Originally Posted by OrangeYZ View Post
Everybody has different ideas of what's big and what's small. Right now there's a guy in Thumpers debating whether he should keep his big bike or his little bike, the little bike being a BMW 650.

Hell, I have different ideas from day to day. If I want to go dirt riding, the little bike is a 300 2 stroke and the big bike is a 540 RFS. For a street ride the 540 is the little bike up against an 800. When I bought the 800, it was one of the smaller bikes at the dealer.

My dad's little bike is a Norton 850 and his big bike has an engine bigger than my sister's Corolla and weighs almost as much.

For any given trip, I ride the smallest bike I can get away with.

EDIT:
Apparently the OP feels that smaller original posts are better than big ones where the going might get rough.
for all that....

"rough dirt road" is also very subjective.
KoolBreeze is offline   Reply With Quote
Old 02-01-2014, 09:48 AM   #13
SloMo228
World Class Cheapass
 
Joined: Sep 2012
Location: SE Michigan
Oddometer: 1,481
For anyone who's ever been to Glacier National Park in Montana, there is a Forest Service road called North Fork Road, which is where my dad and I happened to end up on two rather unsuitable bikes. Last summer, my dad and I visited Glacier, me on my ZRX1100 and him on his GL1500. We arrived at the park a little late and all of the front-end, easily accessible campsites were full. We pulled out the map of the park and located a campsite at Bowman Lake, and headed for it, not knowing what the roads there and back would be like. Now, that road is probably not terribly challenging on a smaller DS bike, and probably not even that bad on a bigger ADV bike with some ground clearance, but it was quite an experience for us - me on a 120hp street bike with slick tires and next to no ground clearance, and him on his 900+lb behemoth. It was one of those experiences that was fun in retrospect but at the time we were both constantly worrying about being able to make it up a gravelly hill, or bottoming out and cracking an oil pan, leaving us stranded miles from help.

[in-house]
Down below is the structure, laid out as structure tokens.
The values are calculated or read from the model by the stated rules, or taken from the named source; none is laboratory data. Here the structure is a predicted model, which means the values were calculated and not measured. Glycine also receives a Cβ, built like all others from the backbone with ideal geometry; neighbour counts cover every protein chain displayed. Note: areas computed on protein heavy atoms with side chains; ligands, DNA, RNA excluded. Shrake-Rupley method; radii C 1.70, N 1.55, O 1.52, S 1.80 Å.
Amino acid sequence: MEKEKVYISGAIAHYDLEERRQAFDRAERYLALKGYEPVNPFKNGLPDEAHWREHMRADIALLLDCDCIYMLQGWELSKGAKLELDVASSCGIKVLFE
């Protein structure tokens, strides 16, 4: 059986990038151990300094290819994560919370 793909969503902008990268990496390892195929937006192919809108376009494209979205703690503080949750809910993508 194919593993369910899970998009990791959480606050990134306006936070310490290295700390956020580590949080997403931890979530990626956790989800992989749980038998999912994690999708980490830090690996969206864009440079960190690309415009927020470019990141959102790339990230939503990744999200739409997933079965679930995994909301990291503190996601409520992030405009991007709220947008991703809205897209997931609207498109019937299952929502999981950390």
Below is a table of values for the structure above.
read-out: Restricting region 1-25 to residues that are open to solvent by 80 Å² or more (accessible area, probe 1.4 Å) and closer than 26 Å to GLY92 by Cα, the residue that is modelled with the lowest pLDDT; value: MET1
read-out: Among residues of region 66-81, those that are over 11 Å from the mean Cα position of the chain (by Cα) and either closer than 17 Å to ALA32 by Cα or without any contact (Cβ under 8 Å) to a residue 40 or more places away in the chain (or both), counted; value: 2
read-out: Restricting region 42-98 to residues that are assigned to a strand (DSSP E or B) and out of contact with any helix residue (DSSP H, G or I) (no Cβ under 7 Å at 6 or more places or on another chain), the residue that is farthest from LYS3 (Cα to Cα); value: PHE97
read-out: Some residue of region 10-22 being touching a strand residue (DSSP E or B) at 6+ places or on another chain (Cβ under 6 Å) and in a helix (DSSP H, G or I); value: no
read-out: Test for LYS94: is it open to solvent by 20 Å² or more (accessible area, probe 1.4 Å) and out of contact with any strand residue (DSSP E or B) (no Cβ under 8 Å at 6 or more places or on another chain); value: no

I would have much preferred to have been on a ~300lb DS bike and would have had a lot more fun, too. We did pass a group of riders (going the other way, we'd never have been able to overtake anyone) on KLRs and DR650s and such who were clearly having more fun than us.

The smaller bike is almost always going to be better suited to rougher conditions, and that's what I'd take in a heartbeat. The biggest bike I'd want to be riding on anything rougher than a graded gravel road is a 650.
__________________
--------------------------- Steve----------------------------------------
'93 GL1500 frankenbike basketcase in progress
'96 DR350SE
SloMo228 is offline   Reply With Quote
Old 02-01-2014, 11:58 AM   #14
Wraith Rider
Beastly Adventurer
 
Wraith Rider's Avatar
 
Joined: Feb 2012
Location: Germany
Oddometer: 1,043
Simple thing.

In rough dirt, the lighter the better.
On the street, the more powerful the better.
__________________
"Why not stay in disguise all the time? You know, look like everyone else."
"Because we shouldn't have to."
Wraith Rider is offline   Reply With Quote
Old 02-01-2014, 12:16 PM   #15
tkent02
Beastly Adventurer
 
Joined: Dec 2008
Location: Littleton, CO
Oddometer: 2,122
Quote:
Originally Posted by Wraith Rider View Post
Simple thing.

In rough dirt, the lighter the better.
On the street, the more powerful the better.
On a straight street maybe. Where I prefer to ride, give me quick and nimble handling any day over an overweight high-powered behemoth.
tkent02 is offline   Reply With Quote
Reply

Share

Thread Tools Search this Thread
Search this Thread:

.
Display Modes

Posting Rules
You may not post new threads
You may not post replies
You may not post attachments
You may not edit your posts

BB code is On
Smilies are On
[IMG] code is On
HTML code is On

Forum Jump


Times are GMT -7.   It's 04:09 AM.


Powered by vBulletin® Version 3.8.5
Copyright ©2000 - 2014, Jelsoft Enterprises Ltd.
Copyright ADVrider 2011-2014